Eric Foskett Award 2016 - Awarded to Stephen James Cooper
Stephen Cooper was elected to the post of IFEH Honorary Treasurer at the IFEH AGM in Paisley, Scotland on 31 May 2003. In the thirteen years since his election, Steve has made an enormous contribution to the efficient running and expansion of the IFEH. Besides undertaking the task of honorary treasurer he has taken on many other tasks on a voluntary basis; these are outlined below.
Steve qualified as an Environmental Health Officer in Belfast in 1974. He was elected a Fellow in 2000 and awarded Chartered Status in 2003; the first year it was available. His colleagues in Northern Ireland say that his passion for and belief in this profession is unmatched. He was instrumental in establishing a regular annual conference with colleagues in what is now the Environmental Health Association of Ireland (EHAI, formerly EHOA) during the 1970s when cross-border cooperation on the island of Ireland was not the norm. Steve’s contribution to this achievement was recognised many years ago when EHAI awarded him lifetime honorary membership of EHAI. He was the first person they conferred such an honour on, and to this day there are still only three people who have received this honour.
Steve is an elected trustee of the CIEH and has been for several years. He was previously the Chair of its Education Board. He has shown the same passion and commitment for the education and training of environmental health practitioners across the world as he has in the UK.
Steve has made a significant contribution to the development of environmental health in Tanzania, and in particular the establishment of the third level education programme, supported by the resourcing of the Clarence Phoenix Library in the University of Dar es Salaam in 2001. The importance of this project becomes more evident when one reflects upon the fact that in Tanzania in 1999 life expectancy at birth was 42.53 years, infant mortality rate was 109 deaths/1000 live births, cholera, typhoid fever and malaria were rife, AIDS and TB were on the increase, children died from measles, diphtheria and diarrhoea, many people had no safe water to drink and no sanitation. Steve maintains an interest in this project and visits whenever possible.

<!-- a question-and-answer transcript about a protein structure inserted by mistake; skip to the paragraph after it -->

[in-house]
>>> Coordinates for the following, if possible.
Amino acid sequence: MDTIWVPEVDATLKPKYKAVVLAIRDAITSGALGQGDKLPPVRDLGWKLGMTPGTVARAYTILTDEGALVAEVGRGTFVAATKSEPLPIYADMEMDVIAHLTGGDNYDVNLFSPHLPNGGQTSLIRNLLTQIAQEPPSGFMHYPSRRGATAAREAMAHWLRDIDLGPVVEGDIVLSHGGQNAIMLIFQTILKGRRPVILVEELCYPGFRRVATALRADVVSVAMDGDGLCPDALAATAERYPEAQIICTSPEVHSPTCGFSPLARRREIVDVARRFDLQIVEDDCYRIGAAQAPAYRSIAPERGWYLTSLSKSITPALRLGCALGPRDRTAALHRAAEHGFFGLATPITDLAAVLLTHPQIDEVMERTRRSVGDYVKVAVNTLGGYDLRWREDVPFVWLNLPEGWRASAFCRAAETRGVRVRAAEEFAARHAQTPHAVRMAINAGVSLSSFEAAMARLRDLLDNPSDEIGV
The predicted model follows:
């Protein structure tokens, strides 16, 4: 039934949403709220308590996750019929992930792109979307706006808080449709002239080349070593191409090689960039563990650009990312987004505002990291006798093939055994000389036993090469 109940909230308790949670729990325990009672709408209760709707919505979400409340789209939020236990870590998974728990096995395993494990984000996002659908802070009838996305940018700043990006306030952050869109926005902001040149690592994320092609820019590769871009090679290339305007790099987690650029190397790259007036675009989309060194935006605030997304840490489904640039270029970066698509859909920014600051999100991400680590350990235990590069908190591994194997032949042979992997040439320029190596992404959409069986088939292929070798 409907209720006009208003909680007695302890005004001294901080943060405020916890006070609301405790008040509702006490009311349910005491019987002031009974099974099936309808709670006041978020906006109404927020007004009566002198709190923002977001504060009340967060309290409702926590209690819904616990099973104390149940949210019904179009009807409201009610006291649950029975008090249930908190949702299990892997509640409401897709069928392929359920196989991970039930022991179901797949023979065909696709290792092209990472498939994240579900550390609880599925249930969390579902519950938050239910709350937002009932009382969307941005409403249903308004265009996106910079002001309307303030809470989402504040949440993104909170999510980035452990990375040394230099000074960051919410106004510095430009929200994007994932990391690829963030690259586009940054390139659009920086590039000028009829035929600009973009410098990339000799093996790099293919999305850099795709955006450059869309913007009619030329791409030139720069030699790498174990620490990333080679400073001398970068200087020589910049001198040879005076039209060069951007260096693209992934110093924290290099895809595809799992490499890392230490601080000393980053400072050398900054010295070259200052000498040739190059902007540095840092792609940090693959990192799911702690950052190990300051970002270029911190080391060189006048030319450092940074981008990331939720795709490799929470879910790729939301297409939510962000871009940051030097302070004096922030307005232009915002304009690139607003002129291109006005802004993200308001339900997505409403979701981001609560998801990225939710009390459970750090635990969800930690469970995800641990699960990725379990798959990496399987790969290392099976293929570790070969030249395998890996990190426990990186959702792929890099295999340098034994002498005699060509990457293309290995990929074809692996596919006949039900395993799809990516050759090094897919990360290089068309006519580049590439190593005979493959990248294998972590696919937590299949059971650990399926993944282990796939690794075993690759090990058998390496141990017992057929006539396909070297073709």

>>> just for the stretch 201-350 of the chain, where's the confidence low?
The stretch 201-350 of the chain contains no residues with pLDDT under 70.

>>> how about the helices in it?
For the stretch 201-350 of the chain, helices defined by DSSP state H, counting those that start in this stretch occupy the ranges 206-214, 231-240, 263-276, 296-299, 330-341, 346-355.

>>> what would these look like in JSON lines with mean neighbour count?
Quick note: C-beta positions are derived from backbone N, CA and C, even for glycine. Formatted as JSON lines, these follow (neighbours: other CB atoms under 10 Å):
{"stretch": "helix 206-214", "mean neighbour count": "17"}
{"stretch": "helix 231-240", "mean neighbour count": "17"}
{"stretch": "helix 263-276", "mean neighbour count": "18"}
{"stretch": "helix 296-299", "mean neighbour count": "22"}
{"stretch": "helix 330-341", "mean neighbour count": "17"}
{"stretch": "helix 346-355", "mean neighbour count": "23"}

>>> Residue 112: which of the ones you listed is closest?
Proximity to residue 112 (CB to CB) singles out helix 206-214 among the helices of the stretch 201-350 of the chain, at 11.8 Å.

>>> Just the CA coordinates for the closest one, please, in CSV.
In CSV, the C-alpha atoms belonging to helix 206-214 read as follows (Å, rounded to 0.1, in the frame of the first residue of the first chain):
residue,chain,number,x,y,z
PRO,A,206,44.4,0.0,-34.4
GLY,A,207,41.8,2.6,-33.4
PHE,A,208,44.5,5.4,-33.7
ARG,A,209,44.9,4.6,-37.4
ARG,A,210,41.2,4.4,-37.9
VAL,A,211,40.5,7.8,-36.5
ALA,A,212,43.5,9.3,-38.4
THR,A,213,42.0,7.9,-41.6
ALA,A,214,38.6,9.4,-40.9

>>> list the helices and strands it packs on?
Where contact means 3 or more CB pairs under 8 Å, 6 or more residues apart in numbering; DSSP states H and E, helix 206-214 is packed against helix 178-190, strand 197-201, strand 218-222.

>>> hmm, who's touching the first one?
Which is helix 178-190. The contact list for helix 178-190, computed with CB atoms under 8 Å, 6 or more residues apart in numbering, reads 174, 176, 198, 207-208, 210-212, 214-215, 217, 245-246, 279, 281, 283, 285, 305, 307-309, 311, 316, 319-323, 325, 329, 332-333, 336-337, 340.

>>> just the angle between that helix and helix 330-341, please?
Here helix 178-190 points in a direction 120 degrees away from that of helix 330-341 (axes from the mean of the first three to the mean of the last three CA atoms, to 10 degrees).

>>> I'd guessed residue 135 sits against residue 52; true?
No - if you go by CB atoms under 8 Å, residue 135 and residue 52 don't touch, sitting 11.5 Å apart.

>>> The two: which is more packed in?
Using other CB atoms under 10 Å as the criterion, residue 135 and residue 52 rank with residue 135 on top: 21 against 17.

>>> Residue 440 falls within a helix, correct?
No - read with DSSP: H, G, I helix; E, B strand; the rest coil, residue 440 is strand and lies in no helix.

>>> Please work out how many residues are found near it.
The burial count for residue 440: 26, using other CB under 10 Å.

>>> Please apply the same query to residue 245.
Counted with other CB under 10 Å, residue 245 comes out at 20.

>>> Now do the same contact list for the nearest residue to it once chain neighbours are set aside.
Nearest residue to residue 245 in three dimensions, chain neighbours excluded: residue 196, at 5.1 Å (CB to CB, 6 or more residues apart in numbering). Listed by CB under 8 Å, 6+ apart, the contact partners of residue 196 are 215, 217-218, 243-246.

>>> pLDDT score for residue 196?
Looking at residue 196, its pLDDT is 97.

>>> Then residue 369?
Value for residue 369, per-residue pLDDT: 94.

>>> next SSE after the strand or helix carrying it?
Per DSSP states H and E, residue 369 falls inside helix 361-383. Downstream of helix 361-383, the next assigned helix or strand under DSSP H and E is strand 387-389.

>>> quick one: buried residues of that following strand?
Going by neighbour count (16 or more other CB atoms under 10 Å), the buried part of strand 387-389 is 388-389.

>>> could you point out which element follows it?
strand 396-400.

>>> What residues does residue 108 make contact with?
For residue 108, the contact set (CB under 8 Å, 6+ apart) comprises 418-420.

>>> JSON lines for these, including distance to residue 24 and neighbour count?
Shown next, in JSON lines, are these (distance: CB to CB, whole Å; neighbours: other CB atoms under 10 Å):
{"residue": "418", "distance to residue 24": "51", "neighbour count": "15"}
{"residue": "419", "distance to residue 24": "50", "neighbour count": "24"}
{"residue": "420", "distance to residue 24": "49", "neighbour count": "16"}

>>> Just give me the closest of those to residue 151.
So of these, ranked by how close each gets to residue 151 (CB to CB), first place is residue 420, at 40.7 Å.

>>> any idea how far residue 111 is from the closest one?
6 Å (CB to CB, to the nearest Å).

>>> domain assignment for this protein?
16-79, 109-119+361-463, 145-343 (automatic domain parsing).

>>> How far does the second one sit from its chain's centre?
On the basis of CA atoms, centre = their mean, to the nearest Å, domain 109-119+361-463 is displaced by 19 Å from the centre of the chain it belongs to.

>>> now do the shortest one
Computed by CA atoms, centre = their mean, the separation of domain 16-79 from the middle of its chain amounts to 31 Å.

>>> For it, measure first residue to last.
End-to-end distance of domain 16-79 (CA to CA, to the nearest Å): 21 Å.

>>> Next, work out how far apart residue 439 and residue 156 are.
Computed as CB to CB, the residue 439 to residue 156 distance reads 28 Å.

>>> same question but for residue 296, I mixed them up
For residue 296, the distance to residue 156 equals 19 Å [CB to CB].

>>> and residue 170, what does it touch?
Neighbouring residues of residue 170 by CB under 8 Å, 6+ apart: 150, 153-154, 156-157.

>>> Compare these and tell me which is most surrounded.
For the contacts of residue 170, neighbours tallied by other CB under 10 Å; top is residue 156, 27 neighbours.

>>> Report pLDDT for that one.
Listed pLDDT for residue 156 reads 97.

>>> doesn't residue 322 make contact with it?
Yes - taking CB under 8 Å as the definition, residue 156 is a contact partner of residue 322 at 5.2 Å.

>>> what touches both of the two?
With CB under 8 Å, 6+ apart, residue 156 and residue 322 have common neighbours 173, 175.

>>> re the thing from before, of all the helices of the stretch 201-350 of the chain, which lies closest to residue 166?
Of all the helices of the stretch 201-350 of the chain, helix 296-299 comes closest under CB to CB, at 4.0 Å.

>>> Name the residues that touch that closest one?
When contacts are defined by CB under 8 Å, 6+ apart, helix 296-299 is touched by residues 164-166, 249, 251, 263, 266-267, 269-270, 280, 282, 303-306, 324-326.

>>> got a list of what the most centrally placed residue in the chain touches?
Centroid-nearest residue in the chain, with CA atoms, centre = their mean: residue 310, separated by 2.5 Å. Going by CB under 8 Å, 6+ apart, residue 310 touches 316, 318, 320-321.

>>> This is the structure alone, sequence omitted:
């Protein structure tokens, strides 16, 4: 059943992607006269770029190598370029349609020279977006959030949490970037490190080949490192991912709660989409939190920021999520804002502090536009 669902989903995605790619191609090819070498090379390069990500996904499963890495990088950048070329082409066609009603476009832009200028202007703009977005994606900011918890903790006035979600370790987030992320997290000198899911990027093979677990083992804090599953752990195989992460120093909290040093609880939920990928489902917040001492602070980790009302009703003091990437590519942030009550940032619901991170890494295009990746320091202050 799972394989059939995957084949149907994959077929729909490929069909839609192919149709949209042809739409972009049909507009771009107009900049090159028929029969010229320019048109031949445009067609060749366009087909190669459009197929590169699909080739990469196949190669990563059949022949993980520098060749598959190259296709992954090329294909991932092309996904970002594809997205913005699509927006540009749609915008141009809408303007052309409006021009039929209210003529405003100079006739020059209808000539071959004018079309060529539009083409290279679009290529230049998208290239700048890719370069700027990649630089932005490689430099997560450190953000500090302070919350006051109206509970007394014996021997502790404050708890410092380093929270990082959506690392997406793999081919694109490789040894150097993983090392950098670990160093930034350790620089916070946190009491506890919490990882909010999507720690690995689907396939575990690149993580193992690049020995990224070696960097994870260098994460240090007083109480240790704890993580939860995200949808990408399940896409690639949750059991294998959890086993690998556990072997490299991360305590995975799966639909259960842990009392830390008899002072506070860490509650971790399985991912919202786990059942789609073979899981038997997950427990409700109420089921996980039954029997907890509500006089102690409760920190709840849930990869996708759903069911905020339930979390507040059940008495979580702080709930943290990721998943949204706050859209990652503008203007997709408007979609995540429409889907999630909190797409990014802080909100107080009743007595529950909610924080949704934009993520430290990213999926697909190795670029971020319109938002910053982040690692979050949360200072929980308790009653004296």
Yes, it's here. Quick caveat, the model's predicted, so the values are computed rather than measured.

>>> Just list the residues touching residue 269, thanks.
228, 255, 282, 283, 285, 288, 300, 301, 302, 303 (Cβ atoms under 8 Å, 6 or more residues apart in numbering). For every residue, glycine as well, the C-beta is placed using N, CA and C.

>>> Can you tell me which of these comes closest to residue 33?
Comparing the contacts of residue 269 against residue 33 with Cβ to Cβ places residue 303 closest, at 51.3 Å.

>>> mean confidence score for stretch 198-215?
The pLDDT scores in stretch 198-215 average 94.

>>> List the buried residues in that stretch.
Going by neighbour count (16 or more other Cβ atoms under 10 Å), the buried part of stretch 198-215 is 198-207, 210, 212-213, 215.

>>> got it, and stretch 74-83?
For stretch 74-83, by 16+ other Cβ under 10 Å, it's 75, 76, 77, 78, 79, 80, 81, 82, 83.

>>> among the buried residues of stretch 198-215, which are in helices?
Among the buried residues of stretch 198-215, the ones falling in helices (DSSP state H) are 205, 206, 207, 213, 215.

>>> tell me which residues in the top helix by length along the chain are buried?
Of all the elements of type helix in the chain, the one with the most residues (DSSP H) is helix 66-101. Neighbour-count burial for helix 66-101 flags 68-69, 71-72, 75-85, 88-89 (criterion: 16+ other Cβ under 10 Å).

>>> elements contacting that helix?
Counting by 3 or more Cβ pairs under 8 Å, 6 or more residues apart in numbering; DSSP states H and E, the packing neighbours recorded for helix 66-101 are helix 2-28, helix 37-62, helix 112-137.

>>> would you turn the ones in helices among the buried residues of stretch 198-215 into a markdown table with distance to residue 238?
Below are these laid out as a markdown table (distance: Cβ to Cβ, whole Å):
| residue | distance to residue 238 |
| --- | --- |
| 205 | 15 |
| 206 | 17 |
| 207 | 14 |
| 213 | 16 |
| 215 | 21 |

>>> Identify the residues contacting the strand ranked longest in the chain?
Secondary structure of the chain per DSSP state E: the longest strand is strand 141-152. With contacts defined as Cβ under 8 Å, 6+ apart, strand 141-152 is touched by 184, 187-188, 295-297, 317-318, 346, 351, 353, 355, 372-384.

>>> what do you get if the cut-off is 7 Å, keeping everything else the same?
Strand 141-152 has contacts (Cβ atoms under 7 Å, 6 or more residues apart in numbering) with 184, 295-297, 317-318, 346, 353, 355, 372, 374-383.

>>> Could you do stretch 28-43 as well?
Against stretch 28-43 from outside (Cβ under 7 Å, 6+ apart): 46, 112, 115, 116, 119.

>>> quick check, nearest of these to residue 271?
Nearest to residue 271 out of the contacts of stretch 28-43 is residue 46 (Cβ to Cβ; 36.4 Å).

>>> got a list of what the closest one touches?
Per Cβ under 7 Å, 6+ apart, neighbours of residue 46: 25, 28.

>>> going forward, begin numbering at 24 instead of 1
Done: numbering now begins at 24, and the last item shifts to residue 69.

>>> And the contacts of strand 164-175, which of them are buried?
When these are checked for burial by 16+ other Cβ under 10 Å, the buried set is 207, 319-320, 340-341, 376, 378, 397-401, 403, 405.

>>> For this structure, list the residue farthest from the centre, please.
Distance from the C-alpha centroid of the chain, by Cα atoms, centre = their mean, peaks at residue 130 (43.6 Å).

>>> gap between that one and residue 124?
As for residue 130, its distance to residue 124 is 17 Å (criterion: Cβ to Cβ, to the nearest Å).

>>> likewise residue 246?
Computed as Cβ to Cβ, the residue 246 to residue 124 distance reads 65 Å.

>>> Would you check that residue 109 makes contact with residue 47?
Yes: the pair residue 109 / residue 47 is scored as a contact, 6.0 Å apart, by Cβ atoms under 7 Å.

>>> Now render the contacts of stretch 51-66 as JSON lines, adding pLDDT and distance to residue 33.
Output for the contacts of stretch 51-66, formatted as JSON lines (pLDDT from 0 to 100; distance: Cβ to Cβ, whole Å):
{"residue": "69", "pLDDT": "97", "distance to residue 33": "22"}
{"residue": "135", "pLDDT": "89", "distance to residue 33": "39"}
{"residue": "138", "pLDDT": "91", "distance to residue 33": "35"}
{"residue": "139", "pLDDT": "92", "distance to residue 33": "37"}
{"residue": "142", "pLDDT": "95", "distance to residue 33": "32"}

Steve has carried out his duties as IFEH honorary treasurer in an exemplary manner. By regular contact Steve has attracted many new member organisations and has ensured that countries with low incomes are not excluded. He has worked with more affluent member organisations to ensure sponsorship for associations struggling to pay the annual subscriptions. He has also been instrumental in ensuring the smooth operation of the Hedgerow Bursary. This sponsorship from a Canadian company provides finance for representatives of member organisations to attend the annual IFEH Council meetings.
In addition to his role as treasurer, Steve has supported EFEH members by acting as secretary when both CvK in the Netherlands and BVLK in Germany were chairing the group. This entailed working with the current Chair in finding venues for EFEH meetings, preparing agendas and minutes. Jan Homma from the Dutch CvK comments, ‘Steve is a very good person to work with. He is sharp, listens well and at the same time gives advice at the right moment, making the work as chair so much easier (especially if English is not the Chair’s mother language). Due to his unique recording system, his minutes are almost the exact wording of the meeting. Steve is always busy somewhere and with something, always smiling and also having a positive attitude that immediately infecting other people around him. This reflects on the EFEH that has gained greatly in strength and is still growing.’
In relation to this nomination a colleague on the IFEH Board commented, ‘Steve does a mountain of work for the IFEH which is not only unseen but far in excess of his remit as Honorary Treasurer’.